The temperature dropped decently low overnight so there’s no need to wake up early. I decided to sleep in till whenever I naturally wake up and that turned out to be 8 am and I started about half an hour later. The spur roads on Simon’s route were much worse than anticipated with sections of bushwhacking in alders. Good thing I did not try to push my truck any higher on that road as I would end up stuck with nowhere to turn around in the tangled mess. After about 1 km into the plod I was committed to this NW Ridge route but at this point I already counted on descending the other side to forget about these alders. There were spots that I could see some potential short-cuts but I insisted on walking the entire distance of this road to the end. The cut-block above the road still held enough snow to warrant the use of snowshoes, but the mature forest above the cut-block was free of snow. The snowshoes were then stayed in the pack to almost 1200 m where the snow in the forest finally became continuous.

Truck parked at the fork. Could drive a ways higher on the other branch.
A bonus for taking this bushier ascent route was flower on the road
The start of this deactivated spur road wasn’t bad and that’s why I kept going..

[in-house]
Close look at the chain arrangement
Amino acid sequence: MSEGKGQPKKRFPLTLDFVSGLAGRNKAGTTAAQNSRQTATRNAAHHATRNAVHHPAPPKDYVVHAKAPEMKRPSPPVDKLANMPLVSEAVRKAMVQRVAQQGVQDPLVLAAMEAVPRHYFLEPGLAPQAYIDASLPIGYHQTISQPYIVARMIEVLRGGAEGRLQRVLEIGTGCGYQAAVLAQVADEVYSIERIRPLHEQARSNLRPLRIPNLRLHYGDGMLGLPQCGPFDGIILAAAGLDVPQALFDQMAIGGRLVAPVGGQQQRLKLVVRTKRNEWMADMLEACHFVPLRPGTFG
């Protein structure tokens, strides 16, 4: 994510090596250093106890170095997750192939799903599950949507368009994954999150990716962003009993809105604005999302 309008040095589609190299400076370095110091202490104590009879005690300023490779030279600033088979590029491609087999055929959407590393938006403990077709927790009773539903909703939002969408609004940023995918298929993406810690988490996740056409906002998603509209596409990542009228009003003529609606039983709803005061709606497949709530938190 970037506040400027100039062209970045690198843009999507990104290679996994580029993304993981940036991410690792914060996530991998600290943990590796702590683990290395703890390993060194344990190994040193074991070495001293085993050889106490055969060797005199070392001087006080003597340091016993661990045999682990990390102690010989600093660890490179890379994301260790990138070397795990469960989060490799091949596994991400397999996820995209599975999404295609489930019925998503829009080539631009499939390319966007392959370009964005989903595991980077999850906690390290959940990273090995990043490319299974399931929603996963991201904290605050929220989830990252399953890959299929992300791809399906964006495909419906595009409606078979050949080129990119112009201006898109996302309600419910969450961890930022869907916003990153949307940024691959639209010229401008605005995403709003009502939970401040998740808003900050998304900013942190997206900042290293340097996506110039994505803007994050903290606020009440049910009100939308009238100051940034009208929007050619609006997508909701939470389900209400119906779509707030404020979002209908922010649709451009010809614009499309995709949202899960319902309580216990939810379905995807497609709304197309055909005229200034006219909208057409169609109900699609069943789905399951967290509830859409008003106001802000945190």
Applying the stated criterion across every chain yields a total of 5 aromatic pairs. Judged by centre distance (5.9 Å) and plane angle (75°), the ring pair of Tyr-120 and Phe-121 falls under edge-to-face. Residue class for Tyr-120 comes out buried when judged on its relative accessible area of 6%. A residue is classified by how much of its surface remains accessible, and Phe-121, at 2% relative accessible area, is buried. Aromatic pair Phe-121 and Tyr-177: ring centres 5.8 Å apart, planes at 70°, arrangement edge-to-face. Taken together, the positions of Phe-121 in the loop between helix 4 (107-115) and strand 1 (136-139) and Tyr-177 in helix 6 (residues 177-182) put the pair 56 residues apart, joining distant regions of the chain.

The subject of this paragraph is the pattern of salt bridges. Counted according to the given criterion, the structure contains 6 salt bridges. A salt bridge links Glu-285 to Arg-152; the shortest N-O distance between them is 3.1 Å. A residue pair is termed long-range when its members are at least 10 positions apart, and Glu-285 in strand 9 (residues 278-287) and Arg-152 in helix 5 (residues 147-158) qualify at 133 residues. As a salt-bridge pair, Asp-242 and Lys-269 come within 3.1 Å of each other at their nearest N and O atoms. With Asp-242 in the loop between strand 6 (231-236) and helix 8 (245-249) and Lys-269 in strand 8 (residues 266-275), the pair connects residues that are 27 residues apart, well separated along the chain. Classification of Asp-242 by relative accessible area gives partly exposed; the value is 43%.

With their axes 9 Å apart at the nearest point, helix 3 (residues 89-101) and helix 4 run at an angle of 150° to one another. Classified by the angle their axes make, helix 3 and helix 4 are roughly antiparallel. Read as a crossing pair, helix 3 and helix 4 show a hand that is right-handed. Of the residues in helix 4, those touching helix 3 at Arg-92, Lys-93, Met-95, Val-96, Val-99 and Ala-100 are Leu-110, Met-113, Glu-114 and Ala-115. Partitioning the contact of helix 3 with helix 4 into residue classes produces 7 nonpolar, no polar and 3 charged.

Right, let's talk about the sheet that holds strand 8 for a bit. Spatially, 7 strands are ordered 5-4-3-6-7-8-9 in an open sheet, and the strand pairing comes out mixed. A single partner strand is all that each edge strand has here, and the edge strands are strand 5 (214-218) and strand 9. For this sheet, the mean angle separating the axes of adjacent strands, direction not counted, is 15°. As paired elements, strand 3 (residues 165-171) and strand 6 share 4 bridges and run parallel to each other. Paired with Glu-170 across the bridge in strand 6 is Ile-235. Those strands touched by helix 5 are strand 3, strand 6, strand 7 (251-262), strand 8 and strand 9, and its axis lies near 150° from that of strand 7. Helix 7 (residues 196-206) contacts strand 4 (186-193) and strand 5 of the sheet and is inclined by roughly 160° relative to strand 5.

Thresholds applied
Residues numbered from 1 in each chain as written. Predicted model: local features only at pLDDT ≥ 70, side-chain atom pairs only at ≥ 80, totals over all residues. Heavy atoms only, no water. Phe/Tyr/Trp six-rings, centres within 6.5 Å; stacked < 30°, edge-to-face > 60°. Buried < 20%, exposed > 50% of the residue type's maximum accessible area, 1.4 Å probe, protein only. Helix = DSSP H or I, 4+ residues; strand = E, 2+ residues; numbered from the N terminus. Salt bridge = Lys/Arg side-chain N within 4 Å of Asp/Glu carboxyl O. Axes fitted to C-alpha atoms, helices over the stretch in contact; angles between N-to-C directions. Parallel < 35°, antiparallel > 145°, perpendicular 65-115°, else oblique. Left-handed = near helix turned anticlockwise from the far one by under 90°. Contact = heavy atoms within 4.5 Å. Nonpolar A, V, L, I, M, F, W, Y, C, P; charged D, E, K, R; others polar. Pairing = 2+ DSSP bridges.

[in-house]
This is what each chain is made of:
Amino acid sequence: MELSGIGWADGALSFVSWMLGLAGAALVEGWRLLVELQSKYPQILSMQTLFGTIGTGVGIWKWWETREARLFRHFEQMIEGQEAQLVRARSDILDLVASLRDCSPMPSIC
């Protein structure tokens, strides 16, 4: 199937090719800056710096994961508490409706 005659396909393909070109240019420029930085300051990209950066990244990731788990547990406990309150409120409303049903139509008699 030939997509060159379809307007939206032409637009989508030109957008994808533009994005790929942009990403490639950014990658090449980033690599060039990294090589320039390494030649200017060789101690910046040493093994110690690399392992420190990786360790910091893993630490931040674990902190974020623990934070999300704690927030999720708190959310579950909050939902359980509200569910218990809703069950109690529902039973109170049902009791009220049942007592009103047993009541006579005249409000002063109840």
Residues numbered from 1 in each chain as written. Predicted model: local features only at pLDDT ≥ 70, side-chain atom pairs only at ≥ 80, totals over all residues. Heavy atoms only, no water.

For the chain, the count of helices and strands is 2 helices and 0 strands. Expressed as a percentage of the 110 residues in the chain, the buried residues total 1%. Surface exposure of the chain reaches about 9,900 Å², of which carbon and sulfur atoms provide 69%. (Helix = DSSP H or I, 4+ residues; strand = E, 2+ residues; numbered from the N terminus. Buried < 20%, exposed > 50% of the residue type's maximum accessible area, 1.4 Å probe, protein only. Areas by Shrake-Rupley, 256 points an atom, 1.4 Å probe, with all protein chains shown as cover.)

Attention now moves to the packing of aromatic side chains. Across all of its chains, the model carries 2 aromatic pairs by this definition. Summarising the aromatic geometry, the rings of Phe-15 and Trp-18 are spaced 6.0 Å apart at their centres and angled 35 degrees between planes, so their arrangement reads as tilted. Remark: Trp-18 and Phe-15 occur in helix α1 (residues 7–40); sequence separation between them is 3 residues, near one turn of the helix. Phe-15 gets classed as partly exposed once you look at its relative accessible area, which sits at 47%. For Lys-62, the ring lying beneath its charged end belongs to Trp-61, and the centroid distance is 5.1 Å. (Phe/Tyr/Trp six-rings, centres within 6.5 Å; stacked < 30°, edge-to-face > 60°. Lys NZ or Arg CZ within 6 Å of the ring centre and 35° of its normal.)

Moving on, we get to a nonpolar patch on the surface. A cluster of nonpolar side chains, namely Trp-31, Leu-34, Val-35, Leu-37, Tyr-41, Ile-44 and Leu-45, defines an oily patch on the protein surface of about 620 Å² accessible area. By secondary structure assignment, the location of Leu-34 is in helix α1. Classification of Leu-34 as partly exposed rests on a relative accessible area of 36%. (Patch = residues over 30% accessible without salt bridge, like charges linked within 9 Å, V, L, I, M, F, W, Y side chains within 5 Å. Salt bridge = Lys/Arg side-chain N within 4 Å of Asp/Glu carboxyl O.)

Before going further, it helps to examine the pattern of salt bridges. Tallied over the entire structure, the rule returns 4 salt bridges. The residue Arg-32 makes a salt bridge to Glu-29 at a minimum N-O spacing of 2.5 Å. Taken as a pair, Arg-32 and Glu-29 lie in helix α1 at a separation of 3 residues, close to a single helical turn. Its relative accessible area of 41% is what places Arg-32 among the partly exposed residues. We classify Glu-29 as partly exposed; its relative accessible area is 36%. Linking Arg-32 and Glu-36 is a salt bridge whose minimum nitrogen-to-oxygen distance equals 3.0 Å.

Looking down onto Pemberton Valley meadows
For a while the road was like this. Nothing bad by SW BC standard but definitely annoying.
I feared I had to swim in alders for an hour but it opened up nicely higher up.
Near the end of the deactivated spur road
Looks like I wasn’t truly alone here…
From end of the road, looking north towards Lil’Wat Mountain
The cut-block that required me to strap snowshoes on.
From the end of the cut-block, looking back down
A bit of scrambling to get into the forest
A view of the forest between 1000 and 1200 m.
Above 1200 m the snow became continuous and I strapped snowshoes on again

The going in the forest was steep but easy and I just followed the natural trend of the terrain making a few twists and turns and the next thing I popped out onto a small viewpoint at around 1500 m elevation. I remembered Simon mentioning a steep and narrow spot on the ridge at 1700 m that required detouring. With that in mind I decided to completely avoid that section by starting the detour at 1600 m. The snow was a bit too firm to side-hill comfortably on the steep grade so after a while I started ascending straight up through a few steep and open slopes. This got me back onto the ridge at 1800 m successfully bypassing whatever there at 1700 m. The rest of the ascent involving bypassing a minor bump to the right then going up some shallow gulch features to a “col’ on the uppermost south ridge. The weather had been cloudier than forecasted but the views were still great.